Fall Plankton Cycles Change Pond Color
Plankton is active in water temperatures above 60-65 degrees. Like other pond life, it begins winter slumber below that range. Since plankton is active in upper zones of the water column, as the density of growth diminishes, water clears.
Plankton is a microscopic organism that plays a valuable role in successful pond management. It provides critical food to newly hatched fish. Fry are spawned with a small yoke sack to nourish them through first days. Once the yoke is absorbed, plankton becomes their primary food chain. If plankton is not present, fry survival rates decline significantly. By maintaining healthy plankton levels, you can double and even triple fishery productivity. In depths over three-feet, plankton also inhibits sunlight from reaching the bottom and promoting vegetation growth.
Plankton is grown by nutrients in the water. Nutrients may enter with runoff from adjacent agriculture fields. Other sources are intensely landscaped lawns or waste from fed fish. If nutrients aren’t present, pond managers apply fertilizers with high phosphorus ratings like 12-61-0. If your pond doesn’t develop plankton naturally, it may not have adequate alkalinity levels plankton requires to thrive. Conduct a standard water analysis. If alkalinity is low, we can add lime to restore normal readings. Spring fed ponds may experience continual spillway discharge that limits plankton development.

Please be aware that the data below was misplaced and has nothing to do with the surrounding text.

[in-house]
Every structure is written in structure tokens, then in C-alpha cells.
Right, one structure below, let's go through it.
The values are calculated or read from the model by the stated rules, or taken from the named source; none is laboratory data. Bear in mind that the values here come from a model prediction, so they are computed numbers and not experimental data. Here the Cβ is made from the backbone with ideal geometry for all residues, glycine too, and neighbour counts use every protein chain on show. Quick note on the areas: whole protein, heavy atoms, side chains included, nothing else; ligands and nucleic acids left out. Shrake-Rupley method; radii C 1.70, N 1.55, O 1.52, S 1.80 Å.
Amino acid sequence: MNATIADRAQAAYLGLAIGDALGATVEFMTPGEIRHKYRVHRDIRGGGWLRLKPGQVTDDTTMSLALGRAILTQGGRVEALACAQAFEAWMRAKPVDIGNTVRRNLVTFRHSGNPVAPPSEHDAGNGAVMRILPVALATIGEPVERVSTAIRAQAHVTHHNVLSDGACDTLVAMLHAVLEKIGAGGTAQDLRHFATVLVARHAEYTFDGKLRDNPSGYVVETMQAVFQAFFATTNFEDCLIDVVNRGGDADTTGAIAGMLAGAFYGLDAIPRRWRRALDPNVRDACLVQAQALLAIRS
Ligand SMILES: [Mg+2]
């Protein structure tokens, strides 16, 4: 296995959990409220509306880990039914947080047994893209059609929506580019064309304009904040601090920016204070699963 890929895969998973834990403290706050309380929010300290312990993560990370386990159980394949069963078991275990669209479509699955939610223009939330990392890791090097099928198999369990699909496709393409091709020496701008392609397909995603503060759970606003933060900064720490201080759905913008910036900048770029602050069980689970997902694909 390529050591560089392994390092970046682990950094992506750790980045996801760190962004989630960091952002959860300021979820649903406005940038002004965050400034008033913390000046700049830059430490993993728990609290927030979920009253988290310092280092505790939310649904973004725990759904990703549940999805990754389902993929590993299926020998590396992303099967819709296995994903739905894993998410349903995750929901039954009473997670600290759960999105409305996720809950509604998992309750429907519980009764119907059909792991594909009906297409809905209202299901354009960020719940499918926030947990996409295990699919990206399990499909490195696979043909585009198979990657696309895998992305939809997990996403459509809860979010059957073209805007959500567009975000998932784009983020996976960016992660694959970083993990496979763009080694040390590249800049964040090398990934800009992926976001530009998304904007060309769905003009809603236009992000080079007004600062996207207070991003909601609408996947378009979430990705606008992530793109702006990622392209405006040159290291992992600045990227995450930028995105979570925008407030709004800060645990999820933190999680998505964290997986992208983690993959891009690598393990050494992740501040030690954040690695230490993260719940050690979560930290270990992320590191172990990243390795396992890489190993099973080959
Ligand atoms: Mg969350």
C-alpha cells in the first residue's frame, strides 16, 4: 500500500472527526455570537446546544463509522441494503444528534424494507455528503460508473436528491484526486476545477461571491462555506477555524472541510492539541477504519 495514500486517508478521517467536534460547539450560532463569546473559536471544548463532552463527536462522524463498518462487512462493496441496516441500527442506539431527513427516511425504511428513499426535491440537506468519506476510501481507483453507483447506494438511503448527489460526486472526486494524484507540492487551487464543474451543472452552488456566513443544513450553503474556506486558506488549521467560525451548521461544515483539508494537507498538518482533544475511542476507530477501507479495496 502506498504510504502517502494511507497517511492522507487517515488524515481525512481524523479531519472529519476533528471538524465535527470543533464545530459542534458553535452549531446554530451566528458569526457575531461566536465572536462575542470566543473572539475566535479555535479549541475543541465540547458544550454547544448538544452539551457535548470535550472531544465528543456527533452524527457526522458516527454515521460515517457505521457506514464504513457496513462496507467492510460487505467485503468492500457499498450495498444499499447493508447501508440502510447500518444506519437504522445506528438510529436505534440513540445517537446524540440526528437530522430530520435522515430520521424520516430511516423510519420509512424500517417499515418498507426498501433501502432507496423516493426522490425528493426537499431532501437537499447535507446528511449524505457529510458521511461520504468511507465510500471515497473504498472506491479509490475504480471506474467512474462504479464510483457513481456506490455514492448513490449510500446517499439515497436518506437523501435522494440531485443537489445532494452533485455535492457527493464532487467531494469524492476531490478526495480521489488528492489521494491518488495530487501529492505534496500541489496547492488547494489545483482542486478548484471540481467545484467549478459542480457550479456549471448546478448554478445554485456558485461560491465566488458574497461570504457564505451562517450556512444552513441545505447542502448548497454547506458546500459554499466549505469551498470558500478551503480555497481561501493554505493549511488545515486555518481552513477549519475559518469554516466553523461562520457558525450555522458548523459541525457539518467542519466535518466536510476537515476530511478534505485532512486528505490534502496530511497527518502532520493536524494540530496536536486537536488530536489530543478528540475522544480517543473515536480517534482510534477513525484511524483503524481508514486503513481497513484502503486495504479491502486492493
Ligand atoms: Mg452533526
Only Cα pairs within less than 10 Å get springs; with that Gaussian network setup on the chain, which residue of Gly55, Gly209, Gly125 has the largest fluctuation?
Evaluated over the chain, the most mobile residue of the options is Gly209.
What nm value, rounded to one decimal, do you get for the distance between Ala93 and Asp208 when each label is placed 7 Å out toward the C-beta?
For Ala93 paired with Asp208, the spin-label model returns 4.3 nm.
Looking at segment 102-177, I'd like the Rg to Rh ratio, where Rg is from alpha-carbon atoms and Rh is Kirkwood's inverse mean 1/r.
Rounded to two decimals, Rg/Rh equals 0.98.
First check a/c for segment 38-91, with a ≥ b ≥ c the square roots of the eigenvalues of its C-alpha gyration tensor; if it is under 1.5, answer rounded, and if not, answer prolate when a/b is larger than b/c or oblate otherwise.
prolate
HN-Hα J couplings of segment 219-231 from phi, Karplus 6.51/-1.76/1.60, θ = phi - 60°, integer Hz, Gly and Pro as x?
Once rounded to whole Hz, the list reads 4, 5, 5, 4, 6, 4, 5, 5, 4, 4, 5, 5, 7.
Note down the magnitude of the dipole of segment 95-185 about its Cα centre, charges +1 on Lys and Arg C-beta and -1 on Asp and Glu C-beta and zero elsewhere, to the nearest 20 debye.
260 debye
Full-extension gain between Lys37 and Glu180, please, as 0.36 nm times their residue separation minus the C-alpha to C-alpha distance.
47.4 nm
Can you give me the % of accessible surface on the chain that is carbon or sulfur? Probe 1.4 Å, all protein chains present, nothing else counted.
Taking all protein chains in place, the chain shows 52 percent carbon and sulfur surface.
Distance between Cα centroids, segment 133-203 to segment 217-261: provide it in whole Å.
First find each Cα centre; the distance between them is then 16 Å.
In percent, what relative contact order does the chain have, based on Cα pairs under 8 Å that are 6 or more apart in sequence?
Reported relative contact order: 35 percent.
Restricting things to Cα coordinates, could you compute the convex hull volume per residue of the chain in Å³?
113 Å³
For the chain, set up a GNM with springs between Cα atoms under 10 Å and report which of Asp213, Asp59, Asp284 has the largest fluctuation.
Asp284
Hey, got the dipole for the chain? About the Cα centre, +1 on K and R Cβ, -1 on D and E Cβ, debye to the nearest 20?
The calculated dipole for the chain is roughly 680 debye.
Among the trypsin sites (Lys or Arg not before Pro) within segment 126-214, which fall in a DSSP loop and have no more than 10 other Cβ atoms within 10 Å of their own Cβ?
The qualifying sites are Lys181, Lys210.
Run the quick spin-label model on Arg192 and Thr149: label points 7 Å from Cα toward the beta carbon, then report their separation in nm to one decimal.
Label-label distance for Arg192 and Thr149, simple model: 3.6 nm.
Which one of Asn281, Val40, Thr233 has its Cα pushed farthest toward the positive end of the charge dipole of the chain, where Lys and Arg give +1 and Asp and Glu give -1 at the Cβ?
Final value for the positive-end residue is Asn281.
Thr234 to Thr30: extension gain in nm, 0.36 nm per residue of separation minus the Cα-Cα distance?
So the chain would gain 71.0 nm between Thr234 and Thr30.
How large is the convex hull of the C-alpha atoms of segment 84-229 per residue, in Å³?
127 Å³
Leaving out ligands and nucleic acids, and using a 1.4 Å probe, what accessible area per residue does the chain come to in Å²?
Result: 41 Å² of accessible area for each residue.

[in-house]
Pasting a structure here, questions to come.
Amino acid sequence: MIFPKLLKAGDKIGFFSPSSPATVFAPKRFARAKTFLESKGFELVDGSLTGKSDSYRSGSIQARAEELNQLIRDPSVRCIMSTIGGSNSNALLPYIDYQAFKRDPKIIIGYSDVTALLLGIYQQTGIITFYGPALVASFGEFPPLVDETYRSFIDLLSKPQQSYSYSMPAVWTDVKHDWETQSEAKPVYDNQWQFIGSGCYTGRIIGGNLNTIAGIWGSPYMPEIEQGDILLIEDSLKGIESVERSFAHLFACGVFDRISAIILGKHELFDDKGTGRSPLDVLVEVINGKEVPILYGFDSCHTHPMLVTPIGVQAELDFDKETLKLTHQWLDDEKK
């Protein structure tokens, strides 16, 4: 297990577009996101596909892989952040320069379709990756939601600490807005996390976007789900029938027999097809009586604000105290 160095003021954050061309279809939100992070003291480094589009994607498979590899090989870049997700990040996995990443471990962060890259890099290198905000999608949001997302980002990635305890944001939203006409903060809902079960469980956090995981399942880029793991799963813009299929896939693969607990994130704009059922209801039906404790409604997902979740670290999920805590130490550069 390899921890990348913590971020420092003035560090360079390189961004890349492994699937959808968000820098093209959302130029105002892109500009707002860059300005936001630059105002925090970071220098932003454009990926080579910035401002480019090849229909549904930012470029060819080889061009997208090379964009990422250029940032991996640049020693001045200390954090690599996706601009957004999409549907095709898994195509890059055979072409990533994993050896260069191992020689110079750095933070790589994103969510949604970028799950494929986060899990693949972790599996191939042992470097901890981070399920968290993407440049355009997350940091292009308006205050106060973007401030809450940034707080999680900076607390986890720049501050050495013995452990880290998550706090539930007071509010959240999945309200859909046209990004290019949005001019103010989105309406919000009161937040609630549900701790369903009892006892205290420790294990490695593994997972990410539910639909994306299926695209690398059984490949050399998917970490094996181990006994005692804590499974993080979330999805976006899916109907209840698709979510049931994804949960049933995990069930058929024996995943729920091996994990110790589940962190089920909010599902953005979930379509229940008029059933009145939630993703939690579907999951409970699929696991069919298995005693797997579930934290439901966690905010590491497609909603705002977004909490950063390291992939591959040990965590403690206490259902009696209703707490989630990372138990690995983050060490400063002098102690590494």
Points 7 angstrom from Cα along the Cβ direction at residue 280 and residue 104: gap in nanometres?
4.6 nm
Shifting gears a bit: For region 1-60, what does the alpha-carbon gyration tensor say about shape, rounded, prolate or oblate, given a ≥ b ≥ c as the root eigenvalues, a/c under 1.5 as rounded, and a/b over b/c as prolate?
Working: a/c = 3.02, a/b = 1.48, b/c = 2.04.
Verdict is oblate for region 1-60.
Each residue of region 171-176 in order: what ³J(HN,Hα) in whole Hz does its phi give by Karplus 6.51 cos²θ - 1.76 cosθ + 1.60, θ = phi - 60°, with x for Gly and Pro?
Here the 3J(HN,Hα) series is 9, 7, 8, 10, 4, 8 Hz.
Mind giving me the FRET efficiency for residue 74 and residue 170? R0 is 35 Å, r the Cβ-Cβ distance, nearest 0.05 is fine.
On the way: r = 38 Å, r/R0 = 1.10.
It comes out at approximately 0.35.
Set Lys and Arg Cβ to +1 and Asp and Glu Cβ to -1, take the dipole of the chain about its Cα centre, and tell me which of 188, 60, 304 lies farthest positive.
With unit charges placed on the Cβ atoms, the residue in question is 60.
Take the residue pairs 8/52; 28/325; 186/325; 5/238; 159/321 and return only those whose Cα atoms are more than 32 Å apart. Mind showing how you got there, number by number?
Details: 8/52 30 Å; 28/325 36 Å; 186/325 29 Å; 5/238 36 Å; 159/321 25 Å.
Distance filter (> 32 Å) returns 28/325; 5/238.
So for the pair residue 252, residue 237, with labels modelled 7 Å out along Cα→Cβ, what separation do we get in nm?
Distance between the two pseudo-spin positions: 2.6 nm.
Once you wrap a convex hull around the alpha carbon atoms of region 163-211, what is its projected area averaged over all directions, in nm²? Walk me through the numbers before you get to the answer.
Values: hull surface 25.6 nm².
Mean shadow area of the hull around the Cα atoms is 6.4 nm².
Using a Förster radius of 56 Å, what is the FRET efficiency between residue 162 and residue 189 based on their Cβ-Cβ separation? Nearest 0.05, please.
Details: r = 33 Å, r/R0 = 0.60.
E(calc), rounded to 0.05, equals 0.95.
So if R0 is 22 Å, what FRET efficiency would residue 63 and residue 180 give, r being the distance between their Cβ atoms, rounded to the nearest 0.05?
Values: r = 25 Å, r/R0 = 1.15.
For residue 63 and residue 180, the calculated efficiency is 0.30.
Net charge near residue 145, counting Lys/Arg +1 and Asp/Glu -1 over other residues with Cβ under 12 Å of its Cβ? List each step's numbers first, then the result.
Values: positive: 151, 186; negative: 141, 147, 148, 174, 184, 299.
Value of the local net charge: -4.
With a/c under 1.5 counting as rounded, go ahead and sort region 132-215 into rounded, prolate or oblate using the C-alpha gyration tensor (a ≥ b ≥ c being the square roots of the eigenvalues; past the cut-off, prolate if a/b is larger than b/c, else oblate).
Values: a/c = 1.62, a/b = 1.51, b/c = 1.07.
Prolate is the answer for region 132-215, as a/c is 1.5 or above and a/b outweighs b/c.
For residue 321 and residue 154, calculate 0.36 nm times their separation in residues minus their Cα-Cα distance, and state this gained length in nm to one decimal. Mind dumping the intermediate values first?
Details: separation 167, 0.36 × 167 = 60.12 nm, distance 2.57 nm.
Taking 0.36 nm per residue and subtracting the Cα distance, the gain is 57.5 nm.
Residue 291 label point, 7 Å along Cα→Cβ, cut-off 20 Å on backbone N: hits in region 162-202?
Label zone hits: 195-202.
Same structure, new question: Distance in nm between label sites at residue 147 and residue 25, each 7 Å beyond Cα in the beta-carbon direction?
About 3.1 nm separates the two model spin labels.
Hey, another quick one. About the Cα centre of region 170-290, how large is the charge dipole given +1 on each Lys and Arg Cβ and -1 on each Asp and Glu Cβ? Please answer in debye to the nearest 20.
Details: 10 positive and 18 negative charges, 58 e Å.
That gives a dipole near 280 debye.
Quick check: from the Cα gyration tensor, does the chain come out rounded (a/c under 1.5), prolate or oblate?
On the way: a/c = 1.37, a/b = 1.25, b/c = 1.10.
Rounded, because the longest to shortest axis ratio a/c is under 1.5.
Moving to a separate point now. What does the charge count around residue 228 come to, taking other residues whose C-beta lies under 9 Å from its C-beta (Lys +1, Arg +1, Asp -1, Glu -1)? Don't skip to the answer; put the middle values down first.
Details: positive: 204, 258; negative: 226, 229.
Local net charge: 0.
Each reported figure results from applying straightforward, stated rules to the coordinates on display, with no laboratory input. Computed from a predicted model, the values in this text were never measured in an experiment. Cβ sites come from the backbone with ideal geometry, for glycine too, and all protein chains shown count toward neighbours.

Measure plankton regularly with a white disk mounted on the end of a wooden dowel or attached to a string. The disk should disappear from sight at 18-24 inches. Record readings. If you observe fluctuations above or below this range, call us. Lower readings may be a sign of deteriorating water quality. Higher visibility may signal the need for adding slightly more fertilizer. Either condition should be evaluated by a professional and corrected promptly.
It seems we just stocked tilapia, threadfin shad, crawfish, and other spring start-up projects. Then we noticed this newsletter has tips on winterizing ponds and facilities. What a year! We’re field-testing a boatload of new products and procedures. Staff is analyzing your program and preparing recommendations on how this improved science can take your management program to the next level in 2018.